Russia’s Navy is monitoring a U.S. vessel in the Black Sea amid simmering military tensions between Russia and the North Atlantic Treaty Organization.
The U.S. Navy announced earlier this week that the Coast Guard cutter Hamilton has transited into the Black Sea “to support NATO allies and partners.” Hamilton’s Black Sea patrol was preceded by logistics visits to Spain and Italy, and is part of a larger routine deployment by the Coast Guard in the Navy’s Sixth Fleet to build “maritime domain awareness” and share “best practices with partner nation navies and coast guards.” This marks the first time since 2008 that a U.S. cutter visited the Black Sea. Shortly before making its way to the Black Sea, Hamilton conducted joint interoperability exercises with the Arleigh Burke-class guided-missile destroyer USS Roosevelt in the Aegean Sea. “Operating with Roosevelt shows how the Coast Guard, Marines, and Navy are a unified Naval Service committed to maintaining a rules-based international order in the maritime domain,” said Capt. Timothy Cronin, Hamilton’s commanding officer. The Sixth Fleet is headquartered in Naples, Italy.
Earlier, the Ticonderoga-class guided-missile cruiser USS Monterey and Arleigh Burke-class guided-missile destroyer USS Thomas Hudner conducted Black Sea operations on what the Navy described as “a routine patrol to maintain maritime security alongside other NATO Allies and partners” in March 2021.
Russia’s Black Sea fleet reacted swiftly to Hamilton’s visit. “The Black Sea forces and means have begun monitoring the actions of USCGC Hamilton, which entered the Black Sea on April 27,” according to a statement from Russia’s National Defense Control Center.
Hamilton’s trip coincides with a series of naval drills being held in the same region by Russia’s Black Sea fleet. The Moskva Slava-class missile cruiser, along with several smaller vessels, is conducting combat exercises that involve live fire against notional enemy vessels, as well as joint maneuvers with military helicopters and air defense systems. The Black Sea fleet cordoned off part of the surrounding area on April 24 to safely conduct these exercises. U.S. State Department spokesperson Ned Price condemned the transit ban, which will last through October, as an escalatory action aimed at undermining and destabilizing Ukraine. Western analysts have previously warned that the Kremlin may be planning to capture all or part of Ukraine’s Black Sea coast in the event of a major military confrontation between Kiev and Moscow. Those fears have abated, at least in the short term, as the Kremlin has recently begun pulling back its troops after staging what has been called the largest buildup of Russian forces on Ukraine’s border since 2014.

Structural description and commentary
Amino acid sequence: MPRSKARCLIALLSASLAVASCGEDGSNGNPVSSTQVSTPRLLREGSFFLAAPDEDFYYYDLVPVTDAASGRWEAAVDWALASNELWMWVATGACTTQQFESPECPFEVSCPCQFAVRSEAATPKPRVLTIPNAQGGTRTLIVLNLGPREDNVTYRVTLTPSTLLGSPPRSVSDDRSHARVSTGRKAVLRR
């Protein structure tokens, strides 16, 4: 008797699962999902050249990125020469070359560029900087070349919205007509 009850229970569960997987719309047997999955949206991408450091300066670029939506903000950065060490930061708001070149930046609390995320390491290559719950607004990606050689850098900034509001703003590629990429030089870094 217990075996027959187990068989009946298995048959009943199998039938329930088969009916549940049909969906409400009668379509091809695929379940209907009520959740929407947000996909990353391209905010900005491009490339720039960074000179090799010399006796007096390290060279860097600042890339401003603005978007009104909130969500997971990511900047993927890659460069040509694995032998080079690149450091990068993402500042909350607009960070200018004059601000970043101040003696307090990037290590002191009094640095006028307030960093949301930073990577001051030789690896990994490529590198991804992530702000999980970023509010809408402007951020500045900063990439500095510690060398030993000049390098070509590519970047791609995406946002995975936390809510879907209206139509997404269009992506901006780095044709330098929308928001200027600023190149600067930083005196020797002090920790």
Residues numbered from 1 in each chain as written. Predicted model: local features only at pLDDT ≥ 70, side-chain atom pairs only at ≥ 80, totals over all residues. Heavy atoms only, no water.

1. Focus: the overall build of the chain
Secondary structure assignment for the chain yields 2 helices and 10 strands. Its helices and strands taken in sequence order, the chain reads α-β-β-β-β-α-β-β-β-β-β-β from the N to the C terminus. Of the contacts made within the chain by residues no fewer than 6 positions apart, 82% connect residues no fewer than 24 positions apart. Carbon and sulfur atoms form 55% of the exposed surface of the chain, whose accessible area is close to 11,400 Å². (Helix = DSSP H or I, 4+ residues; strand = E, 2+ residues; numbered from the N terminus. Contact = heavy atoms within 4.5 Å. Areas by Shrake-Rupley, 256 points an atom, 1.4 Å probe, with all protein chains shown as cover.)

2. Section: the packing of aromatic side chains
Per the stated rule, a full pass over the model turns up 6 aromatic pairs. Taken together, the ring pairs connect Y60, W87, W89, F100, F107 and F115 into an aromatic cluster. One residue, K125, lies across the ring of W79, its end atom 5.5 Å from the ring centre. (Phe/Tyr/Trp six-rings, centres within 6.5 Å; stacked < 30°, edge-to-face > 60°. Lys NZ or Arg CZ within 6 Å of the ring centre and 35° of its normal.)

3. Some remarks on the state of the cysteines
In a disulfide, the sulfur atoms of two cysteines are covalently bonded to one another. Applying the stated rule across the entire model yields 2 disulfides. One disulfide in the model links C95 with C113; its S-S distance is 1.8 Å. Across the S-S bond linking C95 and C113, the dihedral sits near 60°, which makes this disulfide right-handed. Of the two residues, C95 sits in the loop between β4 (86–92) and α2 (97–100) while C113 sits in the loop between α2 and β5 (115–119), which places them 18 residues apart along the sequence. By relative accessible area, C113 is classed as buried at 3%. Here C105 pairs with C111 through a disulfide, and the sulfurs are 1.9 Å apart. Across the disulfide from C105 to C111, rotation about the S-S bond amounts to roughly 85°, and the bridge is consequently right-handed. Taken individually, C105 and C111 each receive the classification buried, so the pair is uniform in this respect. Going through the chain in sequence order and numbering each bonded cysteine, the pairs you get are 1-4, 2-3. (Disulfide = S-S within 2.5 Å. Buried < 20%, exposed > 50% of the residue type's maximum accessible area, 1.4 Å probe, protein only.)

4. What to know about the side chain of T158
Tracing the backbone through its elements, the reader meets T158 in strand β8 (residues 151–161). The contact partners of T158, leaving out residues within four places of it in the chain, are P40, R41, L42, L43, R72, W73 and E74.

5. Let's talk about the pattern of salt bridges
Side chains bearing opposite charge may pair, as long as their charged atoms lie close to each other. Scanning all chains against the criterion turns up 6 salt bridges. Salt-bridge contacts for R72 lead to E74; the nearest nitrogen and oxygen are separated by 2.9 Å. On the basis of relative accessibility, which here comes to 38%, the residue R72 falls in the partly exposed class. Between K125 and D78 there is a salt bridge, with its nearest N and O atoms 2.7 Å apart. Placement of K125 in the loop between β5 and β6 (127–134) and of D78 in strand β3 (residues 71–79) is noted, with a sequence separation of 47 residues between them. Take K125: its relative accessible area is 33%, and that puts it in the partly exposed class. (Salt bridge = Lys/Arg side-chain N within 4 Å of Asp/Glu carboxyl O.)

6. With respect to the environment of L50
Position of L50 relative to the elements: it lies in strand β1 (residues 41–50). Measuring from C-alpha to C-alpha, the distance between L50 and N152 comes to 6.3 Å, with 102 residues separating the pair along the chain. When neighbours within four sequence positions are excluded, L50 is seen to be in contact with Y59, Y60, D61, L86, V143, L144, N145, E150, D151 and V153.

Citing Price’s comments and the timing of the U.S. cutter’s visit, several Russian commentators have charged that Hamilton’s Black Sea “raid” amounts to a military provocation against Russia. Though a lone cutter scarcely poses any threat to Moskva and the Black Sea fleet vessels participating in the Russian Navy’s ongoing exercises, these observers may be concerned that Hamilton’s local presence during the Black Sea fleet’s live-fire exercises carries the risk of inadvertent military escalation.
Mark Episkopos is a national security reporter for the National Interest.